Being particularly popular among Japan’s wealthy and disenfranchised, Sabbath Parties would involve illicit drugs as well as sexual orgies and dubstep dance music. The series bombards viewers with images of neon, jiggling women and sliced up, bleeding men. The action is uncomfortable to watch, but eventually you find yourself becoming numb to it.
After a relatively quiet start, the first episode kicks into high gear towards the end with the sudden transformation of partying teens into demons at a rave. Ryo has taken Akira there with the intention of getting the demon Amon to possess him, and all hell breaks loose. Cue talons, teeth, tentacles, and oozing appendages bursting forth from every orifice as the demons lay wild, gory waste to the crowd of terrified clubbers. Last week, Netflix released a series so bonkers that fans are still trying to get their bearings. The percentage of approved Tomatometer critics who have given this title a positive review. When individual episodes have scores, they will influence the final season score.
It was considered one of the most “visually striking” anime of all time by Loveridge, while it has been described as “visually enthralling” by Thurm, and “visually stunning” by Matt Kamen for GamesRadar+ and by Frank. Theron Martin of Anime News Network commented, “you won’t see a more […] outlandish visual spectacle in anime this season”. Loveridge called it a “visual trip unlike any other”, while Salkowitz of Forbes stated that the series “breaks out the most eye-melting psychedelia seen on the small screen” since MTV’s Liquid Television. Writing for Otaku USA, Vincent said, “Yuasa’s signature fluid animation […] transform what could have ultimately been an unattractive gorefest into an attractive ballet of human and demonic interaction”. Daniel Kurland of Den of Geek said that “there’s nothing too special about Devilman at its surface level”, but that Yuasa’s injection of his “eye-popping animation and art direction” turns the story into “something special”. Ayumi Kurashima was the character designer, while Kiyotaka Oshiyama was responsible specifically for the demon’s design.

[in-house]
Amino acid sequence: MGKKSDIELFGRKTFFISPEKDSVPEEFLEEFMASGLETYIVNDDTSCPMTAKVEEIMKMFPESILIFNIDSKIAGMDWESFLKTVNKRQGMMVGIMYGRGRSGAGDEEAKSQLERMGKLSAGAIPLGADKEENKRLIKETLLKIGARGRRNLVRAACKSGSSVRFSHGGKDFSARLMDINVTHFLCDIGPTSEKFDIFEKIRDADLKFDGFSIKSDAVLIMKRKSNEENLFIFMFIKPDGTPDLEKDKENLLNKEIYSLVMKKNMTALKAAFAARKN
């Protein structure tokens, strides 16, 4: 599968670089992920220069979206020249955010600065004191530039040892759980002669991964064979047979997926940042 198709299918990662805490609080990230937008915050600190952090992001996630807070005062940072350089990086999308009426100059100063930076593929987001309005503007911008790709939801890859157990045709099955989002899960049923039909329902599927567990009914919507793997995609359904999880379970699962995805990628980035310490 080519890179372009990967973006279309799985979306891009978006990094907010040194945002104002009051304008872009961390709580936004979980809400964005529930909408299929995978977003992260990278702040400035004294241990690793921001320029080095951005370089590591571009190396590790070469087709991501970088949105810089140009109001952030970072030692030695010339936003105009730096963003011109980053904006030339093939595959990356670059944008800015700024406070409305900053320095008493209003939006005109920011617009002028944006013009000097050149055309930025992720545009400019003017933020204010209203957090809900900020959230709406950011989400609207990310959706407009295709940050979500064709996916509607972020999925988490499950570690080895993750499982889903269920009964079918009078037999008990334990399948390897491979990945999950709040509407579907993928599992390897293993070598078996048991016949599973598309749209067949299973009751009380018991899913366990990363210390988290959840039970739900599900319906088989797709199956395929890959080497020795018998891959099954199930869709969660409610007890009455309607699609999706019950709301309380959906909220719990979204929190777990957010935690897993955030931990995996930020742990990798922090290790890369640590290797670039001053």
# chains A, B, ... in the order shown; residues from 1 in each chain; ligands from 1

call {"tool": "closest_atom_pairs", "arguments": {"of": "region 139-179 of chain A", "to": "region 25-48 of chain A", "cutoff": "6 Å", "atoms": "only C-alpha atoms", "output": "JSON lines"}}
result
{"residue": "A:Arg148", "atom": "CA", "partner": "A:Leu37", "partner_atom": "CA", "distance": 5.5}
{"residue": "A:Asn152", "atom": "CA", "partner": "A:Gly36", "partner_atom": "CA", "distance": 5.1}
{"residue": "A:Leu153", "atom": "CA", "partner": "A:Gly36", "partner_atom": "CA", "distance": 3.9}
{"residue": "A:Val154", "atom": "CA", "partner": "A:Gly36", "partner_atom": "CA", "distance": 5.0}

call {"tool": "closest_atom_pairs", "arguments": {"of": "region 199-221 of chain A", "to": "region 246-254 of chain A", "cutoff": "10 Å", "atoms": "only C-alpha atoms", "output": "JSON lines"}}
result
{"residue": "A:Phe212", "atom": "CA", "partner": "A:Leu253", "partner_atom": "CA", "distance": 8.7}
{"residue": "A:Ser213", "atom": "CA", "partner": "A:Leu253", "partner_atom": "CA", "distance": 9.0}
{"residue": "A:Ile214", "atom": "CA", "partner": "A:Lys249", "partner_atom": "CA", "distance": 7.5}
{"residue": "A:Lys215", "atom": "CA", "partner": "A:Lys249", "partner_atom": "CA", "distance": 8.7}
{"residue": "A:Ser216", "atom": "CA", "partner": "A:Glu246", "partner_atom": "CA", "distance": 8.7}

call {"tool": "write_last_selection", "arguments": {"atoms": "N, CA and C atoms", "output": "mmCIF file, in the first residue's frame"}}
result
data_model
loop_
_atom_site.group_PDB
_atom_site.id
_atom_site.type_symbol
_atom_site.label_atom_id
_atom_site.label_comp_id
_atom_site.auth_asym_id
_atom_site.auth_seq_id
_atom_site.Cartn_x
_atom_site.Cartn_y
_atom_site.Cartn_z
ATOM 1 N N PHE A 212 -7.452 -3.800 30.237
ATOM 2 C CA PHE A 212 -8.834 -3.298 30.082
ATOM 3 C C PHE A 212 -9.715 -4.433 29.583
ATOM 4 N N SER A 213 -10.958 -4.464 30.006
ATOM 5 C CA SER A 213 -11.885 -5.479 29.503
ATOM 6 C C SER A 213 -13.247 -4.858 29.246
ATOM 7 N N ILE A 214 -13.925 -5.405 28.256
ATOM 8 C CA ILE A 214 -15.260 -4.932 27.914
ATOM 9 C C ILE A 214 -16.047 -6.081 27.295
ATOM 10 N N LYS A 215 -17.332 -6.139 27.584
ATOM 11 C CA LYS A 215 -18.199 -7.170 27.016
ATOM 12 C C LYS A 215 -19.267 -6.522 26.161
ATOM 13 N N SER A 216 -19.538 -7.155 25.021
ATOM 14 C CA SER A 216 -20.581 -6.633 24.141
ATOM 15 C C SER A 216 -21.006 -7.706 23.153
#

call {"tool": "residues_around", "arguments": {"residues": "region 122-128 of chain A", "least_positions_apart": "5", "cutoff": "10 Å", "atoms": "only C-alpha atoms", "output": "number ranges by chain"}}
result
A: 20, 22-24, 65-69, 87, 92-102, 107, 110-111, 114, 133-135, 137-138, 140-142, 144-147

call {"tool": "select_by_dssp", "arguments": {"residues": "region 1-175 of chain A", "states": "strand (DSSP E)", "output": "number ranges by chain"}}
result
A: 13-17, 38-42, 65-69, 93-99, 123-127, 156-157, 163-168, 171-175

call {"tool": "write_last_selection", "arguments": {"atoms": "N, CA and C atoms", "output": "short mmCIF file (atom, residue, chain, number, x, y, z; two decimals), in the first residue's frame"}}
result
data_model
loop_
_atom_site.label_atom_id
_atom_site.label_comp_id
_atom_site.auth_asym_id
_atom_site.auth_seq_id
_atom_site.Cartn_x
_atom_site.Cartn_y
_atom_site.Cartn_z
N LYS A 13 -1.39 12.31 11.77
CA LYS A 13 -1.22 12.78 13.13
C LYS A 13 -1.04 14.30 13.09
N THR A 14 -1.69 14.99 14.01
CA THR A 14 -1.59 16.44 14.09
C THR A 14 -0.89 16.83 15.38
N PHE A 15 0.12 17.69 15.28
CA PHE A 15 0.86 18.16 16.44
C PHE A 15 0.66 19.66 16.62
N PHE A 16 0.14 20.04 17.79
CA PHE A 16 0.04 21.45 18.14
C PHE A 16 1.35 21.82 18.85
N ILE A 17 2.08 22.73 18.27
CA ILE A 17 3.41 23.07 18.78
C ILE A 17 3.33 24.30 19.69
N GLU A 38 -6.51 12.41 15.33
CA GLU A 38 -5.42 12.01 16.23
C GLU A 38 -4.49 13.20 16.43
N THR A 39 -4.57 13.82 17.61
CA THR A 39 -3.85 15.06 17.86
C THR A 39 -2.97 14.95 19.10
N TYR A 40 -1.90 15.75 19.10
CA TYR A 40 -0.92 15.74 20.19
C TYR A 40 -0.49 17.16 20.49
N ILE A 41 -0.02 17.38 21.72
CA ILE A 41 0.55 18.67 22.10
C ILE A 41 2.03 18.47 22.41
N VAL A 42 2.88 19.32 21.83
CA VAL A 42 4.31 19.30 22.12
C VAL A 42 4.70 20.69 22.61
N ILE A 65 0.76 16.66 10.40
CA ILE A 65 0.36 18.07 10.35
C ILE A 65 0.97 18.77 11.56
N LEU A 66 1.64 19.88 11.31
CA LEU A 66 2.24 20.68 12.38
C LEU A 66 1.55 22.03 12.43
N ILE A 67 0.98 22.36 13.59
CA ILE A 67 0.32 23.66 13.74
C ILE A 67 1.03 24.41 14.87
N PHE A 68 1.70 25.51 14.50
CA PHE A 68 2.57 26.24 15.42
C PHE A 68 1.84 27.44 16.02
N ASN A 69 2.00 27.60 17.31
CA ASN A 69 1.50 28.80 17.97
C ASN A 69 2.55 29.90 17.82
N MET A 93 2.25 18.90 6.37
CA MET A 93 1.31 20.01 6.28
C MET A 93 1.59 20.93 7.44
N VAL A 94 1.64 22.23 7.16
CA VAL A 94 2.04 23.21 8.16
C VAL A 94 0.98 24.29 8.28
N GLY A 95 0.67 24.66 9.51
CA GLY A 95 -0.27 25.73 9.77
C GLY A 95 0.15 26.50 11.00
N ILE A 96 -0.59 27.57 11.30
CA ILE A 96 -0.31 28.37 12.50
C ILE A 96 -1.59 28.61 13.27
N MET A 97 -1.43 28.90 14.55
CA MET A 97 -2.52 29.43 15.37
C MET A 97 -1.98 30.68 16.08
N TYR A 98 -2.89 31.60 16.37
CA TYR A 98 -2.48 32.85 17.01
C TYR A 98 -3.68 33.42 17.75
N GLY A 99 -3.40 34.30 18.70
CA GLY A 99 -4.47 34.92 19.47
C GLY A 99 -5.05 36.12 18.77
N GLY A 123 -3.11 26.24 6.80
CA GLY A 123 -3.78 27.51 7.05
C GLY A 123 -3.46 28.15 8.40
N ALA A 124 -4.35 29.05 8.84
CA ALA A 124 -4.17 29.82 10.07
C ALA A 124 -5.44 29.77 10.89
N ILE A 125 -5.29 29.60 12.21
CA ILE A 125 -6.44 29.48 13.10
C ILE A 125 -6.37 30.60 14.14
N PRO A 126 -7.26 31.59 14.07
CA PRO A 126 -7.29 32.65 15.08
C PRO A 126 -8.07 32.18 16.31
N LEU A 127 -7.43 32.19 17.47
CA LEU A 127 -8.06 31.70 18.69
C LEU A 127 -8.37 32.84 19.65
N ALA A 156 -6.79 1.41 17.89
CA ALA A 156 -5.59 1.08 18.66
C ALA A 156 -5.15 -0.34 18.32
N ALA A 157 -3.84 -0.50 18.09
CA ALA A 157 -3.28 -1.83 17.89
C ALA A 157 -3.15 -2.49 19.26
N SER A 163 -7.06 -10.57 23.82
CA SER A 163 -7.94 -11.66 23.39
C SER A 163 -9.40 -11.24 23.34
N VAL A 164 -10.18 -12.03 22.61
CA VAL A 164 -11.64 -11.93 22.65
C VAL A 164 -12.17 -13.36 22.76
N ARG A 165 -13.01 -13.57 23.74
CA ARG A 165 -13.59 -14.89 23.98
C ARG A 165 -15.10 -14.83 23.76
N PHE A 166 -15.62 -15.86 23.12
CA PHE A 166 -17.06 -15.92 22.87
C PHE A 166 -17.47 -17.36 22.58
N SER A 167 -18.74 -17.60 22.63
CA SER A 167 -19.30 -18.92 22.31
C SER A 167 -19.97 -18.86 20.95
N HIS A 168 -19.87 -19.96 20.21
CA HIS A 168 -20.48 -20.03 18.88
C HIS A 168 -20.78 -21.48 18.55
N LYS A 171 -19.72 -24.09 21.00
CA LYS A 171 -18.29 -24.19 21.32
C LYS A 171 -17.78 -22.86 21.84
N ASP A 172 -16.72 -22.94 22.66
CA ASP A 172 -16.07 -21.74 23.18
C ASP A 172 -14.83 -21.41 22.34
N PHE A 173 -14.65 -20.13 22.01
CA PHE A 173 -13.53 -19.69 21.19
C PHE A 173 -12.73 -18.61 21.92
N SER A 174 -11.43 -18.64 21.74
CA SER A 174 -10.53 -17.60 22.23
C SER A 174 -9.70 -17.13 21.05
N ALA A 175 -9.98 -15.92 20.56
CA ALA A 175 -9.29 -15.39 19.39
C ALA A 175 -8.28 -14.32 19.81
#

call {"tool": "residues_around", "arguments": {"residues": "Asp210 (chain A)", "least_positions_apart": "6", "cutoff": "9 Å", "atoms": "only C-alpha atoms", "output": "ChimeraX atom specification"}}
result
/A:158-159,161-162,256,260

It follows teenager Akira and his mysterious friend Ryo as they investigate Akira’s archeologist father’s death. When they find an ancient mask, Akira puts it on and is possessed by a demon. Devilman Crybaby uses the same major plot points, but the anime is set in a contemporary city and uses Twitter, Instagram and YouTube as narrative acl robotics tools. Devilman Crybaby is easy to scoff at, thanks to its wonky animation and extremely NSFW story. It moves from jawdropping to heartbreaking at a moment’s notice, but it never strays from being unforgettable. The demon attempts to devour Akira, but he fights back, his pure heart and soul overcoming the demon’s evil.
Although Yuasa was a fan of the original Devilman, it was a project he never imagined he would work on. It was Aniplex with whom he collaborated on Ping Pong the Animation , that suggested a Devilman adaptation. Yuasa did Crybaby aware that Nagai was probably restrained in the depiction of its sexual and violent content by having Devilman published in a shōnen magazine. The director commented that Nagai’s later works were “even more extreme” and so he created Crybaby with the mindset of “If Nagai-sensei could have done as he pleased, he’d have gone this far”. Yuasa also expressed his desire in creating a sequel to Crybaby, saying that if he did, he could explore the “different settings and ways of telling the story”. Brittany Vincent wrote for Syfy.com that the series leads to an “inevitable existential crisis”, while Bloody Disgusting’s Michael Pementel highlighted its “existential and emotional elements”.